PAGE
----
| John Asano

Ogaki: The Water City of Gifu

Ogaki is a historic former castle town in the southwest of Gifu Prefecture that is famous for its samurai history and delicious natural spring water. Let us show you some of the many must-see attractions that Ogaki can offer you as a true hidden gem travel destination in central Japan.

Ogaki Castle

Ogaki Castle was one of the finest castles in all of Japan with its main keep designated a national treasure of Japan in 1936. The historic castle played an important role as the headquarters for Ishida Mitsunari (1559-1600) and the western forces in the build up to the greatest samurai battle in history at nearby Sekigahara in 1600, where he faced off against rival Tokugawa Ieyasu (1543-1616) and the eastern forces.

The current main tower is a 1959 reconstruction as unfortunately, the original was destroyed during air raids in World War II.

A close up of the main tower of Ogaki Castle
The main gate and tower of Ogaki Castle

The main tower houses a museum with information and exhibits about the castle and the decisive Battle of Sekigahara, which brought about a massive change to Japan and lead to the Tokugawa Shogunate, which ruled Japan for over 250 years.

The Battle of Sekigahara
The main gate and entrance to Ogaki Castle

The castle is located in Ogaki Park, which is one of the most famous cherry blossom spots in Gifu, making it a popular destination in spring for cherry blossom viewing.

Cherry blossoms in spring around Ogaki Castle
Ogaki Castle Park during spring is a popular cherry blossom viewing spot

The Canals Around Ogaki Castle

Ogaki is known as “The City of Water” due to the Suimon River and numerous castle moats that ring the city.

Canal during cherry blossom season

The former moats of Ogaki Castle form a wonderful canal around the old part of town giving it the cool nickname of the “Venice of Japan”. A fun adventure is to ride a traditional wooden tub boat (tarai-bune) along the canals. This unique experience is particularly enjoyable in spring when the cherry blossoms are in full bloom and form a picturesque tunnel along the banks. These wooden tubs leisurely float down the canal with the atmosphere enhanced by the boatsmen in traditional period costume. The boats are moved along by long wooden poles just like a gondola in Venice.

Ogaki is known as the ‘Venice of Japan’ due to its canals

The tarai-bune boat experience is based on the legendary story of Oan, a daughter of one of the retainers of Ishida Mitsunari, who escaped Ogaki Castle, after defeat, at the Battle of Sekigahara by riding a washtub down the river in darkness.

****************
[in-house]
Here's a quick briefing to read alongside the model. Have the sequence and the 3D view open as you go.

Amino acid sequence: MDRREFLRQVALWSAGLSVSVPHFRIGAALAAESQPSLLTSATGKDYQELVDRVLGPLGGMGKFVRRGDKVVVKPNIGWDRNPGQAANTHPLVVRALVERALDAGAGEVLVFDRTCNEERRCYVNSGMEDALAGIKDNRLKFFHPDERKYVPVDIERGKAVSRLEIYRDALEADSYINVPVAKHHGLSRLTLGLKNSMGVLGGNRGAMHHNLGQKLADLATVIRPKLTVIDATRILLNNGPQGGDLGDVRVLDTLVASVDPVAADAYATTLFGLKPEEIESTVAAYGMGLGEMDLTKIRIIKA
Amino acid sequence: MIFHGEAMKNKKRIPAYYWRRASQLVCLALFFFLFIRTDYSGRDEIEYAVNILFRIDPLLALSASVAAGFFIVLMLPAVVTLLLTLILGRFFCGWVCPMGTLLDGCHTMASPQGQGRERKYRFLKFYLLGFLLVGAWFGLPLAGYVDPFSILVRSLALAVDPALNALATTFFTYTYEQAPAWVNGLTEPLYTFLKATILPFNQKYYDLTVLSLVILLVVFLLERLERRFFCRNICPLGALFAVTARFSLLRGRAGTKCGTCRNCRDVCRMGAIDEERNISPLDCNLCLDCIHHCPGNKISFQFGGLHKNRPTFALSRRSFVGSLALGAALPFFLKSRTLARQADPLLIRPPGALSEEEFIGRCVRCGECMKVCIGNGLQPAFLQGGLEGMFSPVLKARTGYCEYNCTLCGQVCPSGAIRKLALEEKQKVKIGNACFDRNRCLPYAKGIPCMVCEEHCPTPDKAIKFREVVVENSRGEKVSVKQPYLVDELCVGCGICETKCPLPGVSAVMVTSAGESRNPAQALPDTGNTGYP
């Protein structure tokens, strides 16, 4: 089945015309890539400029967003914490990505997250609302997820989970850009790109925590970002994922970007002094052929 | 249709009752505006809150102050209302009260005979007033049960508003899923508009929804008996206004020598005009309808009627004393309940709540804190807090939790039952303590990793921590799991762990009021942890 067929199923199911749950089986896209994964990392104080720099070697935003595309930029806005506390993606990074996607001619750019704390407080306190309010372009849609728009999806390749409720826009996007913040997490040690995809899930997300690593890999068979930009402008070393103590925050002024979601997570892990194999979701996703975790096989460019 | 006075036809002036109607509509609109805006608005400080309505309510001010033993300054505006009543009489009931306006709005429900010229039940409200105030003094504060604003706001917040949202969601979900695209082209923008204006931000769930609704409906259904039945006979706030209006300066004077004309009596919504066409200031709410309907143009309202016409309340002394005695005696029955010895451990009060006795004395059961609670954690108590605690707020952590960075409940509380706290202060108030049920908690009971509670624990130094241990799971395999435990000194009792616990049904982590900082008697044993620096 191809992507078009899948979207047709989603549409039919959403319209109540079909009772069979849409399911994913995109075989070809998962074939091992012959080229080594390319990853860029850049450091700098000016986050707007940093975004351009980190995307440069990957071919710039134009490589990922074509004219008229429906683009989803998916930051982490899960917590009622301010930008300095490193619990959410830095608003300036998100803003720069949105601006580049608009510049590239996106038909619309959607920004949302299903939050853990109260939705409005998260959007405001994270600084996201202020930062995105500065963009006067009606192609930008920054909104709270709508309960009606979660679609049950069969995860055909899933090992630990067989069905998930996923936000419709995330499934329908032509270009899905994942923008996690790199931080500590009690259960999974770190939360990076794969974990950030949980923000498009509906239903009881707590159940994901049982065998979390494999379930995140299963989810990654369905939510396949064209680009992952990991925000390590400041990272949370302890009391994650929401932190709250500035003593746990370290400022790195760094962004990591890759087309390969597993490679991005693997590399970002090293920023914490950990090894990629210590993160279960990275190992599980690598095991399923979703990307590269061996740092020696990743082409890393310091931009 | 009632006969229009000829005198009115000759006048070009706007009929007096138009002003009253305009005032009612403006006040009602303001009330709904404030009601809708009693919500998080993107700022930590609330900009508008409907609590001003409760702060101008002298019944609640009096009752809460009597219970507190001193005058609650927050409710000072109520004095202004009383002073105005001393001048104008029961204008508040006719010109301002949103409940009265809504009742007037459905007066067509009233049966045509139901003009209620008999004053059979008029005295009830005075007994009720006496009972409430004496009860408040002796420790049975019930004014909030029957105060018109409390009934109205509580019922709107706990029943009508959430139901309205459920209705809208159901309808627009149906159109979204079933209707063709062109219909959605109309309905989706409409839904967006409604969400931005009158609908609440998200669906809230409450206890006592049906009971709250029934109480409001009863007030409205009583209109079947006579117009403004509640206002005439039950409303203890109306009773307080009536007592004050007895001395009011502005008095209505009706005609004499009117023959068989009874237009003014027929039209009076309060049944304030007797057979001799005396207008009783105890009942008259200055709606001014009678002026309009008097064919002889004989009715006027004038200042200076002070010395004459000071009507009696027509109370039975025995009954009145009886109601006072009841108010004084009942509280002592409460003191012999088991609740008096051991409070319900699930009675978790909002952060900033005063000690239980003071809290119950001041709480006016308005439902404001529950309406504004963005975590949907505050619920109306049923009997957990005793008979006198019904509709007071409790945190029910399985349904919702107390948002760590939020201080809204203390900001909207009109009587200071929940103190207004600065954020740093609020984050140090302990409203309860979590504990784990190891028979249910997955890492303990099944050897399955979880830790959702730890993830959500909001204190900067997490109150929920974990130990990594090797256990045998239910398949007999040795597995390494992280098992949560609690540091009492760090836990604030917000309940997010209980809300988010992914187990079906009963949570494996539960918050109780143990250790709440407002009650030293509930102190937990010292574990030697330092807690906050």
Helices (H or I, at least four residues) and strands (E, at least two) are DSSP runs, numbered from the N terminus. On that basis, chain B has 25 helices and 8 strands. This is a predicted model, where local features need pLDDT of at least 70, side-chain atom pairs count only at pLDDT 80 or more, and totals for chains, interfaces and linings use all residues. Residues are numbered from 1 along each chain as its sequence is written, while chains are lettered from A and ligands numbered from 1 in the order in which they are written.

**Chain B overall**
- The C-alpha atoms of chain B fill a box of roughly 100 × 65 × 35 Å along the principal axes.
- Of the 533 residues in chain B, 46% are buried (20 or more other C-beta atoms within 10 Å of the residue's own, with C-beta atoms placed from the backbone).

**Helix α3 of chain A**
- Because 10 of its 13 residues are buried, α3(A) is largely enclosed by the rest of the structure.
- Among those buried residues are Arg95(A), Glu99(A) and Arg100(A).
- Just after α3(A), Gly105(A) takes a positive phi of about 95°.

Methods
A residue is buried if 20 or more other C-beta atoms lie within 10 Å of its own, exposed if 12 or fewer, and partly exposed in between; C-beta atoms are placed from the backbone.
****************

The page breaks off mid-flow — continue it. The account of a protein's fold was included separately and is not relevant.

Ogaki: The Water City of Gifu

Natural Spring Water

Natural spring water wells can also be found all over Ogaki, further promoting the city as the “The Water City of Gifu”. This delicious cool water is freely available with many of the locals filling up large plastic containers of it to take home and enjoy from the numerous pristine springs dotted around the city. The faintly sweet spring water is really refreshing, especially after spending the day exploring the city on foot. One of the springs can be found at Kagano Hachiman Shrine, a close walk from JR Ogaki Station.

Torii shrine gate at Kagano Hachiman Shrine in Ogaki

There are numerous natural springs dotted around Ogaki

The Oku no Hosomichi Haiku Journey Museum

Ogaki is famous for being the last stop in 1689 for Edo period (1603-1868) haiku poet master, Matsuo Basho (1644-1694) on his epic journey on foot from Edo (Tokyo) across Japan. Basho wrote about his adventures in a collection of poems, known as “The Narrow Road to the Deep North” or Oku no Hosomichi in Japanese. On completion of his amazing trek, Basho took a river boat from Ogaki to Kuwana in Mie Prefecture and then on to his birthplace, the ninja stronghold of Iga, also in Mie Prefecture.

Traditional wooden masu shop in Ogaki

You can learn all about Basho’s amazing adventures at the Oku no Hosomichi Haiku Journey Museum, a modern museum dedicated to Japan’s greatest haiku master, which opened in 2012. It is conveniently located near the canals about 15 minutes on foot from JR Ogaki Station with entry costing ¥300. The museum highlights Basho’s travels and the places he visited along the way, as well as some of the other famous historic figures connected to Ogaki.

Statue of feudal lord Toda Ujikane at Ogaki Castle Park

Japan’s Hardest Rice Crackers

A must try delicacy in Ogaki is miso-iri-senbei. This traditional confectionary has been made for over 150 years in Ogaki with the secret recipe being passed down from one generation to the next. These tasty treats are made with miso bean paste and are hand-grilled over coals. They are known as the hardest rice crackers in Japan and are like literally biting into a rock. The hard texture is achieved by folding the senbei four times. The best place to give them a try is Tanakaya Senbei Sohonke, which is located a short walk from JR Ogaki Station.

Tanakaya Senbei Sohonke near JR Ogaki Station
Ogaki miso-iri-senbei


If the softer things in life tickle your fancy, then give the mizu-manju a try. This sweet jelly-like treat is filled with red bean paste and is totally delicious. They use Ogaki spring water furthering Ogaki’s claim as “The Water City of Gifu”. Mizu-manju are typically served in summer to help cool down from the heat but are usually available from late spring. The best place to give them a try is from one of the stalls on the main road, south of Ogaki Station.

Manhole cover on the main road south of Ogaki Station

How to Get There

Ogaki is situated about 44 kilometers north of Nagoya and is only about 30 minutes from Nagoya by JR train, making it a great getaway or easy day trip. From Nagoya Station, take the JR Tokaido Line for Ogaki to JR Ogaki Station. It should cost ¥770 (one way) from Nagoya.

Ogaki is only a short train ride from Nagoya

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